With growing urbanization, there is a callous and indifferent attitude about the stressful situation of people in the urban sectors, as their huts and homes are demolished, their livelihood snatched and their dignity stripped from them.
My community has worked with the urban poor since 2004, trying our best to educate people about their rights. We have adopted peaceful democratic means to protest against the indifference of the government.
But there is no platform where grievances can be aired; the people’s representatives are least concerned about the well-being of people who voted them to power. The monitoring mechanism is near to breakdown.
Our energy and tolerance run out when we knock on doors of institutions that are supposed to be “pro-people,” and they turn out to be “anti-people.” There is no relief from the plight of people on the margins — and not only people on the margins, but for a large segment of the middle class.
The unequal opportunities for those struggling to live a dignified life are glaring. Those who dream dreams for a better tomorrow realize that they will never come to pass, because of lack of opportunities. Equity and justice are alien to nearly half of our people.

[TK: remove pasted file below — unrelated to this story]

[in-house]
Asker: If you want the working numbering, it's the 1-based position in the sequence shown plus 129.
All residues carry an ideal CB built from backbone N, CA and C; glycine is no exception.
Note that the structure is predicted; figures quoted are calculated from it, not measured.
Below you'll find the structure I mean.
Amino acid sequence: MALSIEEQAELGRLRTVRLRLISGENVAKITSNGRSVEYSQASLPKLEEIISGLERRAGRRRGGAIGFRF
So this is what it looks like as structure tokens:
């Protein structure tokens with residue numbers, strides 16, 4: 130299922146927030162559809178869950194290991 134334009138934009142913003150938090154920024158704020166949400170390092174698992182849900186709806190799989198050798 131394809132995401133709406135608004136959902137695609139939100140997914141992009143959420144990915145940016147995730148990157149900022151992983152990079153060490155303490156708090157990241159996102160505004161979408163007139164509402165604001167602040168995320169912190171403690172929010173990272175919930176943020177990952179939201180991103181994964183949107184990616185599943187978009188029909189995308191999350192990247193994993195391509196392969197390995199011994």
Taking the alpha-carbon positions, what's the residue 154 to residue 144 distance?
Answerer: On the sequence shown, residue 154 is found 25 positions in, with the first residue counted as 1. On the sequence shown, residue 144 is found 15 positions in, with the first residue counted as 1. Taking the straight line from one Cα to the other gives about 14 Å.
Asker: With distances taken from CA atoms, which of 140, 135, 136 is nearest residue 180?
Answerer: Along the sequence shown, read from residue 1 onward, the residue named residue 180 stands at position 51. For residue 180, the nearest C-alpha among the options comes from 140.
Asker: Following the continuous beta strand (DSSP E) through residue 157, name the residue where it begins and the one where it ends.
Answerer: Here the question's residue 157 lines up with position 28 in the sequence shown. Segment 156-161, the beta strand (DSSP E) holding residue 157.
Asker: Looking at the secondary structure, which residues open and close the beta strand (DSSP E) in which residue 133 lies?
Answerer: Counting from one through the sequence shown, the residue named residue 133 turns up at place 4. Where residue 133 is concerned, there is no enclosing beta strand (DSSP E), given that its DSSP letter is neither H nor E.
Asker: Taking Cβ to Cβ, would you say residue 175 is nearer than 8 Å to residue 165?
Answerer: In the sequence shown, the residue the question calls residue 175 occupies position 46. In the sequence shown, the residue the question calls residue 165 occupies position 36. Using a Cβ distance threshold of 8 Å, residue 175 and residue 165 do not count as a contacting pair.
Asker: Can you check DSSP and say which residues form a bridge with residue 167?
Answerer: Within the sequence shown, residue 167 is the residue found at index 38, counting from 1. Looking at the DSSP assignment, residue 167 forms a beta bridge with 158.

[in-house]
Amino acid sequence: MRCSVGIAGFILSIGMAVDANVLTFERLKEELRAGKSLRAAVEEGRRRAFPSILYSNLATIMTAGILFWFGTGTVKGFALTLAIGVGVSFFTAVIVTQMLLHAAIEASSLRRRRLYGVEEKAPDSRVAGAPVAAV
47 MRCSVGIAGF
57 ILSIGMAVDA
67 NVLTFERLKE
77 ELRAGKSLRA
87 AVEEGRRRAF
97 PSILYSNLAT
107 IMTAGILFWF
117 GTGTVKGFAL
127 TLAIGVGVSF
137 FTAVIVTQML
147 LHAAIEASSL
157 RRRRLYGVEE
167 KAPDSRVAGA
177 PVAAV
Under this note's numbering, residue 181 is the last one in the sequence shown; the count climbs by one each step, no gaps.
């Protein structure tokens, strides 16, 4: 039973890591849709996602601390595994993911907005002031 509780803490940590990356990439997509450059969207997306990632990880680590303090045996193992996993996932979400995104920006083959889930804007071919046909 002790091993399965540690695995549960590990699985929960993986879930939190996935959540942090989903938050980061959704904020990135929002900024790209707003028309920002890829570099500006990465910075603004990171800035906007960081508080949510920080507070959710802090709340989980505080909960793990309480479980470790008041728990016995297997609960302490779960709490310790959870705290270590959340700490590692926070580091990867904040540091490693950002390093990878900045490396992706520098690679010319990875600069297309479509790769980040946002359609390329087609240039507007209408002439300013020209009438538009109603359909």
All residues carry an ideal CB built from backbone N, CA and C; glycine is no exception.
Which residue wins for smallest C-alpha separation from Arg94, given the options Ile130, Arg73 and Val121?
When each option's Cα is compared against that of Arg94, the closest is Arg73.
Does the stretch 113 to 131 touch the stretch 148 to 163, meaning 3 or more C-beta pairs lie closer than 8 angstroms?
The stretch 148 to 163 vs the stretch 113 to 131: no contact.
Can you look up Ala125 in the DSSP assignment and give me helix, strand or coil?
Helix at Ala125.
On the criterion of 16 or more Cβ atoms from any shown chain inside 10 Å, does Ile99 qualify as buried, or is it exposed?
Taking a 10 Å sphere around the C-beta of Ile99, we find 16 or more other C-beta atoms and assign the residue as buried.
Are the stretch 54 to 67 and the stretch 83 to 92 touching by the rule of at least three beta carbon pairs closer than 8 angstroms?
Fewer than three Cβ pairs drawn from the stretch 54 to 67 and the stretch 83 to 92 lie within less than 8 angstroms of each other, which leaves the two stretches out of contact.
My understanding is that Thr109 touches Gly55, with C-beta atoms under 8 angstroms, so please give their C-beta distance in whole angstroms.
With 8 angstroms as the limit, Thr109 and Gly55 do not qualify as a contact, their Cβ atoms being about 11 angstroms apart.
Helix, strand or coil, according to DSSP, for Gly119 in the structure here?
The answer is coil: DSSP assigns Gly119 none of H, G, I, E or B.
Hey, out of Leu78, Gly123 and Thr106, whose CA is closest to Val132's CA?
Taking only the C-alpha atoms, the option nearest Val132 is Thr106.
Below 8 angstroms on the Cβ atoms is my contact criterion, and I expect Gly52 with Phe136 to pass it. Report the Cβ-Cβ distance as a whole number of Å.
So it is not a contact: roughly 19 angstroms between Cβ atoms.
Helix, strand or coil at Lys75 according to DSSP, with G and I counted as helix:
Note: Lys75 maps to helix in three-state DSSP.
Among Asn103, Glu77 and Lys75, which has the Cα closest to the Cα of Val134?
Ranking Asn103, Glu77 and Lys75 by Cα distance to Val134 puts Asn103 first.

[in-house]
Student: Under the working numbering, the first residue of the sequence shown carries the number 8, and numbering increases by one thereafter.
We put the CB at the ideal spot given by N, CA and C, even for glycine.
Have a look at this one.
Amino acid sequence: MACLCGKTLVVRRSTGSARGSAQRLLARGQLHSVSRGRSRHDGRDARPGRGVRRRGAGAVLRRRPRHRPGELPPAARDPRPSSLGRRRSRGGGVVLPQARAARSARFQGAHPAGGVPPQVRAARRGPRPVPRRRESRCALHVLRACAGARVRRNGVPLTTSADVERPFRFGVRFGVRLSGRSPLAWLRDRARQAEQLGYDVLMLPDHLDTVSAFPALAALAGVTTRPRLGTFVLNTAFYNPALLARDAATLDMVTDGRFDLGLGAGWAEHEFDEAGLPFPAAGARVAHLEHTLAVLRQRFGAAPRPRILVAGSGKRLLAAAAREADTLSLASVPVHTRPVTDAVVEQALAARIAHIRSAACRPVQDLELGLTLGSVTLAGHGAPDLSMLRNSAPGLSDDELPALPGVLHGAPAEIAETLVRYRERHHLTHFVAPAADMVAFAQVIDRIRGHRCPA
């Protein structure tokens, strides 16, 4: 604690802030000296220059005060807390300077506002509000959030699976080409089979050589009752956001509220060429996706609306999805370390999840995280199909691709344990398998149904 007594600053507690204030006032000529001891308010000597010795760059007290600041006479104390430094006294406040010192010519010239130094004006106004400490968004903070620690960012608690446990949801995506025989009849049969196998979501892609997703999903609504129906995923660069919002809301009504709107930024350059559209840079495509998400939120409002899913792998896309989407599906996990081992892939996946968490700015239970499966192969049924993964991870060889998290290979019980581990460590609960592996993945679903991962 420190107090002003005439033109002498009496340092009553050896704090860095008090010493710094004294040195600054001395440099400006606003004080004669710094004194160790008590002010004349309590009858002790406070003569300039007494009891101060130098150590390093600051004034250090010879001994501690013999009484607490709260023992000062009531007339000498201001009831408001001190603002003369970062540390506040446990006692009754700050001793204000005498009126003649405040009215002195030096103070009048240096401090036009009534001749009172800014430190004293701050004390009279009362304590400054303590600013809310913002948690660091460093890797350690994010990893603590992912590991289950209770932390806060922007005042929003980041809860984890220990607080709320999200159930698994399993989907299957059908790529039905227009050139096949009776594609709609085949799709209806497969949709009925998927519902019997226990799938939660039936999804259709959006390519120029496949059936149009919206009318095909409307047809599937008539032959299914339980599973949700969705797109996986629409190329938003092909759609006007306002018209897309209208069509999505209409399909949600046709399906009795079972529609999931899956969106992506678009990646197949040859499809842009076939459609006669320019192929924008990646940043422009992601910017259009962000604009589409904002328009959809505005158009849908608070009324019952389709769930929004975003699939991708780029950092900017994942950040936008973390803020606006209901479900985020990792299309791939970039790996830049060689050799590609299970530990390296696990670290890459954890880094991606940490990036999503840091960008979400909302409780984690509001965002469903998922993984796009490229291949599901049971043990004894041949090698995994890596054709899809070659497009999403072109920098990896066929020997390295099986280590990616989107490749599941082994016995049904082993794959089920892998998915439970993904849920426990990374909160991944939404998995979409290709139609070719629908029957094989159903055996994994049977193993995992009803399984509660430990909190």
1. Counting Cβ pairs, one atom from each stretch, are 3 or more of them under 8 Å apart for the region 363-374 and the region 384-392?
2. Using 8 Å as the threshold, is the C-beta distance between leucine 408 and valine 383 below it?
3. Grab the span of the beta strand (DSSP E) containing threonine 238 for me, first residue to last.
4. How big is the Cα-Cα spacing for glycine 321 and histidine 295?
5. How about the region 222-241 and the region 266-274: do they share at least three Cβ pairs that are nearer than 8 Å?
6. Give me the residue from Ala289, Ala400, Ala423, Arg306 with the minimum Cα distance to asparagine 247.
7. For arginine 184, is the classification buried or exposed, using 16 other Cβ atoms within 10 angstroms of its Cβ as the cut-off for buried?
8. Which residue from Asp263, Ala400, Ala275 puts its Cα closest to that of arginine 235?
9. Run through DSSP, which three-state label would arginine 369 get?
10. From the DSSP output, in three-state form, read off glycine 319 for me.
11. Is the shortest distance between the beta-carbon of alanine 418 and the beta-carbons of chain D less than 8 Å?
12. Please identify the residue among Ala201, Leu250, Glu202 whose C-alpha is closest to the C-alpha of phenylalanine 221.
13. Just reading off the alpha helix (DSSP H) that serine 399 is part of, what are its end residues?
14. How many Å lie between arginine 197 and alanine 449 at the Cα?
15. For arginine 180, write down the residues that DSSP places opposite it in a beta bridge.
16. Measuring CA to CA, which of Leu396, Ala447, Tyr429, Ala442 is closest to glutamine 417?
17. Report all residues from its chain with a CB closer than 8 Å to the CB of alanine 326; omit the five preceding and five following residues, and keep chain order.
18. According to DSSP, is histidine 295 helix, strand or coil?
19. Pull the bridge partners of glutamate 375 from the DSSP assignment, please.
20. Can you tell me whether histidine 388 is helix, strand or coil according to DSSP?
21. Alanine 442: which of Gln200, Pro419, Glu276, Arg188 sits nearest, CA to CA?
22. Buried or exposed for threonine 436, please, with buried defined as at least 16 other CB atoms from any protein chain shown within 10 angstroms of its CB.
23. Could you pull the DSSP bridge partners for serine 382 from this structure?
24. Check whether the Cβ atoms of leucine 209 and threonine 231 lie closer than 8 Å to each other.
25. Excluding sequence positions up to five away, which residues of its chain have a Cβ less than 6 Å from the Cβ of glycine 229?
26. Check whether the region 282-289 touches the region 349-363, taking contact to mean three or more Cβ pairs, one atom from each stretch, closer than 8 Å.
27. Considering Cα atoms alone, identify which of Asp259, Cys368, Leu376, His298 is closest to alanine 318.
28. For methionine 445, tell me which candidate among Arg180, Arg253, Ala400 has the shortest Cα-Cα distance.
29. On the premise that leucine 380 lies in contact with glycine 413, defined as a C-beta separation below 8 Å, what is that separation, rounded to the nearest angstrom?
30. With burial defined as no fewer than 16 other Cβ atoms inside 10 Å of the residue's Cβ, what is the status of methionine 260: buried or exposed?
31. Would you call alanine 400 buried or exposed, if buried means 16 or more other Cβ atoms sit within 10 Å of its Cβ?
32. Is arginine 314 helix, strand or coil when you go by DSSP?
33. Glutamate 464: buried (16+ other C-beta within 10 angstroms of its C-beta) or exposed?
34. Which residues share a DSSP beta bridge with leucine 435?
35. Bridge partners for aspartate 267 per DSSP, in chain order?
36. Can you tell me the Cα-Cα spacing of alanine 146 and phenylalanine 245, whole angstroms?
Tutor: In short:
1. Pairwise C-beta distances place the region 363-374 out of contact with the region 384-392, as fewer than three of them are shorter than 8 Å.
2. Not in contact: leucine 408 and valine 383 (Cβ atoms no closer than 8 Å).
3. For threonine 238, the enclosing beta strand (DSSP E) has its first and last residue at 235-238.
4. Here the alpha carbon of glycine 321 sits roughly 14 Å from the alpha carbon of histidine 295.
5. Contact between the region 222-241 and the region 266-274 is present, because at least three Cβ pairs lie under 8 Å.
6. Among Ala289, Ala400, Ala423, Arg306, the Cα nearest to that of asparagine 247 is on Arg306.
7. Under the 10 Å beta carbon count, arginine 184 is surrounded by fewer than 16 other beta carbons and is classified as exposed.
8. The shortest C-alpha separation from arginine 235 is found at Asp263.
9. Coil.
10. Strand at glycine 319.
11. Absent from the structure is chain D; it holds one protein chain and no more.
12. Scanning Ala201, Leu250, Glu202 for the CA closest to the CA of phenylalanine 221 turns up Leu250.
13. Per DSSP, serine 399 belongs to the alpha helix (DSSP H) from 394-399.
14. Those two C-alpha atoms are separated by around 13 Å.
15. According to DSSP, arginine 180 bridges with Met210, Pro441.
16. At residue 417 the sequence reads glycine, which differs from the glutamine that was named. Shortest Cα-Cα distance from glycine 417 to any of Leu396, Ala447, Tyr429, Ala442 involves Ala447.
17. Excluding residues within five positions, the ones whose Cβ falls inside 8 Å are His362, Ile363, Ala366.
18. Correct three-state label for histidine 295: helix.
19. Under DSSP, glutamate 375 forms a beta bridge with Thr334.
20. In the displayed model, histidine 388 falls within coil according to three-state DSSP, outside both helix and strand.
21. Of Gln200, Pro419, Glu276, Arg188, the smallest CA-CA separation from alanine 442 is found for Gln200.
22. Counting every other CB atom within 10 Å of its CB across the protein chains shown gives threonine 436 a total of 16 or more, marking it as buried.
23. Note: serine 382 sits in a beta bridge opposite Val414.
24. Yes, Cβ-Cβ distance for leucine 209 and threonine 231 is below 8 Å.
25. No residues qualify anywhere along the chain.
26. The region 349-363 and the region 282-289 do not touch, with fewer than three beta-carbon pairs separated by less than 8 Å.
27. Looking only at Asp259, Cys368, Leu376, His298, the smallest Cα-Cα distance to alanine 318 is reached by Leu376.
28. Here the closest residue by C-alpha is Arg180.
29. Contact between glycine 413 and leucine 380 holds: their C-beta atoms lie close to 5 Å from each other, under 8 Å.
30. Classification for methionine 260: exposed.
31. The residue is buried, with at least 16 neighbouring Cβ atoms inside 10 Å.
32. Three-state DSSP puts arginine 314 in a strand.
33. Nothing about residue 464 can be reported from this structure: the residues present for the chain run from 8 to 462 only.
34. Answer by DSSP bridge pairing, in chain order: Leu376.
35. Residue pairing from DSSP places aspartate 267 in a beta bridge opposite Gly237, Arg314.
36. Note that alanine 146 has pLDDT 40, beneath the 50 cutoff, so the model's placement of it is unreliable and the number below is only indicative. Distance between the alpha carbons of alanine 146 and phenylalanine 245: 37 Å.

In order for us to move forward as a nation, we will have to focus less on our personal interests and benefits. We will have to move to safeguard diversity, with its beauty and richness. Though the picture sounds very pathetic, not much is actually lost yet, and we still have the opportunity to turn back the clock and make a difference, if only we would put our “Self” behind us.
If we could rise above caste, creed, class and gender and own only our one identity as human, we would become a great nation. Our diversity is our wealth. We have opportunities to live with differences and create a new world, wherein all are respected, revered and find their place. I pray that we as a spiritual nation learn from the vast and diverse landscape of nature that we have, and pledge to nourish and preserve this diversity which is ours.
[Dorothy Fernandes is a Sister of the Presentation of the Blessed Virgin Mary from India. She presently serves as Vice Provincial of the Indian province while continuing to be deeply engaged with the urban poor of Patna, Bihar.]